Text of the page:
In what looks like a noteworthy shift for the chip giant, Intel says it is inside the custom silicon business, showing off its current efforts big customers, and its future plans at a media event Monday. The event featured Intel’s webscale and cloud executives Jason Waxman (pictured) and Diane Bryant discussing how Intel is now offering custom chips for customers: something that would have been unfathomable even a decade ago at the storied company.
Waxman detailed how Intel made a custom chip for eBay and said it was doing the same with Facebook. Customized chips are gaining ground as data centers grow larger and as efficient computing becomes paramount for companies at which compute is often the primary cost associated with their services. Companies are building out custom servers for different workloads and eyeing the use of different chip architectures — from ARM to GPUs.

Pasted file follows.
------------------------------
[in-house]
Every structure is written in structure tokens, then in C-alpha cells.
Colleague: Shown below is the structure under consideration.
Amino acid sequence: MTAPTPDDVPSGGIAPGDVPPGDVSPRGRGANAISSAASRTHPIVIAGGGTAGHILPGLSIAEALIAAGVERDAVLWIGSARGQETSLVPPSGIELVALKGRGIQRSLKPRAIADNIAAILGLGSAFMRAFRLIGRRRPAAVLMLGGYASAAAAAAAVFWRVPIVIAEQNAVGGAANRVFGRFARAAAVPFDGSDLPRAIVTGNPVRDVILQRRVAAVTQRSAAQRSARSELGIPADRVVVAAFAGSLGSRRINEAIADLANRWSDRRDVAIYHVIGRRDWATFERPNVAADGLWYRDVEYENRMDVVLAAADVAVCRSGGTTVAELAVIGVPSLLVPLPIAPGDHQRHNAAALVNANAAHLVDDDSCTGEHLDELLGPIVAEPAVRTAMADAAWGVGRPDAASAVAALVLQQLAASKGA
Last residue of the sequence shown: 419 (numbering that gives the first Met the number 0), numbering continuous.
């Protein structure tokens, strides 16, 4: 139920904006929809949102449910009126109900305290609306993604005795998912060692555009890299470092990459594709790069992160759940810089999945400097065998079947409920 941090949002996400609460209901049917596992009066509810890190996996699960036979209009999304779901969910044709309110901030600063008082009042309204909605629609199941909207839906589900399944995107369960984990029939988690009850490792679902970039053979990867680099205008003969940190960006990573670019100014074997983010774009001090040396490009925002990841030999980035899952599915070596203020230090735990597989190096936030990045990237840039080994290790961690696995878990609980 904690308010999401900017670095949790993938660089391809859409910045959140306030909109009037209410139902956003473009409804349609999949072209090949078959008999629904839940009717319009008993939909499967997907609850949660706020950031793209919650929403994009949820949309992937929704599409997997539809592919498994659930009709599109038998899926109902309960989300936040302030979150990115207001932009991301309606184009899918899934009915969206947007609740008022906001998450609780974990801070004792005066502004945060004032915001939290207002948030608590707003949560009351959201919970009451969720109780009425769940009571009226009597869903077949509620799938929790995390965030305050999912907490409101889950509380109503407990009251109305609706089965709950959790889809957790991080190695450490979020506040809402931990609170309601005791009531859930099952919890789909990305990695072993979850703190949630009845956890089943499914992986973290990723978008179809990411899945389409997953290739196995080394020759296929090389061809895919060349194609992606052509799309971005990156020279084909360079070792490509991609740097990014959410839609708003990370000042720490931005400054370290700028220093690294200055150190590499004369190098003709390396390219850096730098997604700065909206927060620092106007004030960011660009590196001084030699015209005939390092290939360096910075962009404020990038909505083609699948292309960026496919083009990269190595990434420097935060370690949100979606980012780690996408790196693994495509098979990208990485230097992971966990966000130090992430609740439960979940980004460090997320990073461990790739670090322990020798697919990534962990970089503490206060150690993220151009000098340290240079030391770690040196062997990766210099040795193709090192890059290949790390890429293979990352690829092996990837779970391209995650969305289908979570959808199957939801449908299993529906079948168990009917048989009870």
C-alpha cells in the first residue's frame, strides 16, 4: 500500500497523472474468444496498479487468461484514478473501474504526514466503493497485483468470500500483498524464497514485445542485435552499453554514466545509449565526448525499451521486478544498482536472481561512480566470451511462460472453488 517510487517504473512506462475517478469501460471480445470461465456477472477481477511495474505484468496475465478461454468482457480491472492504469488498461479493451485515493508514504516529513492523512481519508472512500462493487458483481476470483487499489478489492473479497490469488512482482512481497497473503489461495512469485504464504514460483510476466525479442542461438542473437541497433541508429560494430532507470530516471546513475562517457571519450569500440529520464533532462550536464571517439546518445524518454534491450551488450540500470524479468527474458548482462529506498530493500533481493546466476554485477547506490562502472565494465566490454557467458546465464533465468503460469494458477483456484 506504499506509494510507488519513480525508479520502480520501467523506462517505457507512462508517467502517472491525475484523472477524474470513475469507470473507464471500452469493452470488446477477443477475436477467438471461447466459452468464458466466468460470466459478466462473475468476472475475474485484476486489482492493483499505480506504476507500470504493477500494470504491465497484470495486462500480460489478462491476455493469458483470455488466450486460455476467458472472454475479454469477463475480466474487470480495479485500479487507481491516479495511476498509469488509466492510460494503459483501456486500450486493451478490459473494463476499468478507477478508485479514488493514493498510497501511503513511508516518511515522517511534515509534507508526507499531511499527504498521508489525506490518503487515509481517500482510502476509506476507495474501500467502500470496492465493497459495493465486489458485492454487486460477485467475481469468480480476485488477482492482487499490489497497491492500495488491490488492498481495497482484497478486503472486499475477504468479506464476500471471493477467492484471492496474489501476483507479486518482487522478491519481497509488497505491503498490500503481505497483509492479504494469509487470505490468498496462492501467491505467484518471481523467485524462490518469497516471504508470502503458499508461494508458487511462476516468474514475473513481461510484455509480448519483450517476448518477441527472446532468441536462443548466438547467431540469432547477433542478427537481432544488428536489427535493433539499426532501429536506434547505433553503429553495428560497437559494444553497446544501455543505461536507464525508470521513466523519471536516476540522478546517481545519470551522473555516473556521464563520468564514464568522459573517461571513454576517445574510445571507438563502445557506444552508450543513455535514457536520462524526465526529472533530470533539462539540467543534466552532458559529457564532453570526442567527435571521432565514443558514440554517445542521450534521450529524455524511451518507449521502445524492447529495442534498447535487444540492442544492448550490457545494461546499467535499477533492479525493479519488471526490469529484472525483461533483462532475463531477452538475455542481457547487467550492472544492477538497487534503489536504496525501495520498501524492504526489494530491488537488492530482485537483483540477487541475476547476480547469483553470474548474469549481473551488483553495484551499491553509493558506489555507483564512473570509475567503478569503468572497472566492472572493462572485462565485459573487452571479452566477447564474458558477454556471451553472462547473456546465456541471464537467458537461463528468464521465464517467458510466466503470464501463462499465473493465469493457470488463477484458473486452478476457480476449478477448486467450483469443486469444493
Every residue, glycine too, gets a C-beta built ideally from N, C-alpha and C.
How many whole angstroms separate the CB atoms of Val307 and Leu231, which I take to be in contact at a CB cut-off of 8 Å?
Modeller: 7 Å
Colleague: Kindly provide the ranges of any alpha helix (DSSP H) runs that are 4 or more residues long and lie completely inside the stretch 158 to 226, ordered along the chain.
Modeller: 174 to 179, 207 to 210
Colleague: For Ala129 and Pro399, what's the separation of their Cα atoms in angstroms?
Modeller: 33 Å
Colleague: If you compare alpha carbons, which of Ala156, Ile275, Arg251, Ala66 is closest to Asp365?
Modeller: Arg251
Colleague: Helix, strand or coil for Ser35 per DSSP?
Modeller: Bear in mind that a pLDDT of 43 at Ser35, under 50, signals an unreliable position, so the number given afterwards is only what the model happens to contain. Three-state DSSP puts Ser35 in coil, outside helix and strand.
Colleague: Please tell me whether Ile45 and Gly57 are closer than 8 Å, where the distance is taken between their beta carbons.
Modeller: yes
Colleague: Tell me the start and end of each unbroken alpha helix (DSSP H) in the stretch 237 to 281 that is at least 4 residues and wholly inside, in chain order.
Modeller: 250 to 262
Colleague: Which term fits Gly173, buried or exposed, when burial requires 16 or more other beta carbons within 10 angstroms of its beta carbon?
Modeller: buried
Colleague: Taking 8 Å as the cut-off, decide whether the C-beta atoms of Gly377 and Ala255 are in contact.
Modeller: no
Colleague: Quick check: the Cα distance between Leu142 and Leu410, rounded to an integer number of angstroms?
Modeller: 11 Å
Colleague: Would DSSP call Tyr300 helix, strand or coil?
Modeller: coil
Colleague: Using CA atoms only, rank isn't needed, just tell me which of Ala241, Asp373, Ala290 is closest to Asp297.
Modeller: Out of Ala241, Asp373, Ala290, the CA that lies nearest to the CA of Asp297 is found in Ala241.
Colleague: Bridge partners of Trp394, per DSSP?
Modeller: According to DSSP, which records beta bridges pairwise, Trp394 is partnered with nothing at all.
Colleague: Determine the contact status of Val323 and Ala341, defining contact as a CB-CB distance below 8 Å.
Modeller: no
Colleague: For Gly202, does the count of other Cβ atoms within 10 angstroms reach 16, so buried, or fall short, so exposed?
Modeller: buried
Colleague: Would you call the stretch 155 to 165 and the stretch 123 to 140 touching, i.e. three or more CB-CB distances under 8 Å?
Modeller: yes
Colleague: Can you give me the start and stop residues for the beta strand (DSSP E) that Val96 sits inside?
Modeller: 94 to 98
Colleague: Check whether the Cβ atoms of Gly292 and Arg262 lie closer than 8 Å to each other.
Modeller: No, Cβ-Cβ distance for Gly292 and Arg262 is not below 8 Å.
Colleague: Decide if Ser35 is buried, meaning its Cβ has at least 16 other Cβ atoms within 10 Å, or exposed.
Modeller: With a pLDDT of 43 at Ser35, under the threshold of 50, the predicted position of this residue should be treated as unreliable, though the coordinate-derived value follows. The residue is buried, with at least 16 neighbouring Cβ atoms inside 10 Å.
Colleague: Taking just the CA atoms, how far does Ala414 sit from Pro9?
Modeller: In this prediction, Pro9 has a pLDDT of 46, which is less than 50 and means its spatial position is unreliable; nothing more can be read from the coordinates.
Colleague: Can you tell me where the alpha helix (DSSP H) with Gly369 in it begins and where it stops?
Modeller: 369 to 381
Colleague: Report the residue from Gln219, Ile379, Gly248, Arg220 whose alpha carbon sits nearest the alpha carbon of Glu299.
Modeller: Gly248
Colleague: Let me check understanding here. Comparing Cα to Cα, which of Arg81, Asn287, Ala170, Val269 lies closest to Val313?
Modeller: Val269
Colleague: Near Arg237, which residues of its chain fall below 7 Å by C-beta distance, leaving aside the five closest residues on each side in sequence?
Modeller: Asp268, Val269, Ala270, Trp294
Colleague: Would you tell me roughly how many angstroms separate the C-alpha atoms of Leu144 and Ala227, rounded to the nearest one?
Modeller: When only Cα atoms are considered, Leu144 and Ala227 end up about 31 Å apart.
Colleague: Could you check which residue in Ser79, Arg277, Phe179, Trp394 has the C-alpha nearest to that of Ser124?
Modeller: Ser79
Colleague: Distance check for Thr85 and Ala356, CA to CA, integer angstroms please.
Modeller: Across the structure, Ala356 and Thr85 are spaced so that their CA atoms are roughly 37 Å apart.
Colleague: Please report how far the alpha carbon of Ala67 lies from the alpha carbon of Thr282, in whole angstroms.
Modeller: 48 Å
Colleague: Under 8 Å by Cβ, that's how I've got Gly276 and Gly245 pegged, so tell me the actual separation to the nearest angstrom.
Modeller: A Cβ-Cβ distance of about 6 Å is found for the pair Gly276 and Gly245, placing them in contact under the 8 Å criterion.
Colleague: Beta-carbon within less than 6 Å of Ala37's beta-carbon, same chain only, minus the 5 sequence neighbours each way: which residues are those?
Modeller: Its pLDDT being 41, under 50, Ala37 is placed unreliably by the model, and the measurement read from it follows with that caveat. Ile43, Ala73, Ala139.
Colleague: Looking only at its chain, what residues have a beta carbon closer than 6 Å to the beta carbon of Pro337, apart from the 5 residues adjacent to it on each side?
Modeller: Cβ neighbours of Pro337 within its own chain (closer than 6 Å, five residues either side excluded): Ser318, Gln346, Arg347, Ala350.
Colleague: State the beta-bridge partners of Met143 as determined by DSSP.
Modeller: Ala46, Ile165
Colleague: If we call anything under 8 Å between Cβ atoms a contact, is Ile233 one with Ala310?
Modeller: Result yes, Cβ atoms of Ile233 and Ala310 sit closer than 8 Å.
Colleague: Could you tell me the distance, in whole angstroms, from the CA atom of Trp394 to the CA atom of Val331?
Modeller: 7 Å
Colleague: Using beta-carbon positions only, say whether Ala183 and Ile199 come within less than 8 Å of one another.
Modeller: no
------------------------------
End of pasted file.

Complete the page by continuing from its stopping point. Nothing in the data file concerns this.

This represent a huge threat to Intel, which has struggled to release a credible massively parallel GPU-style chip (the Xeon Phi is what it has on offer today) and seemed to miss out on the benefits of using smaller, low-power cores for certain webscale workloads until it was pulled into the market by SeaMicro, a startup later bought by AMD. Intel’s biggest advantage in chips has historically come from its ability to churn out billions of them as cheaply as possible thanks to its massive economies of scale and huge investments in factories from the profits of the PC industry. Customization breaks that model.
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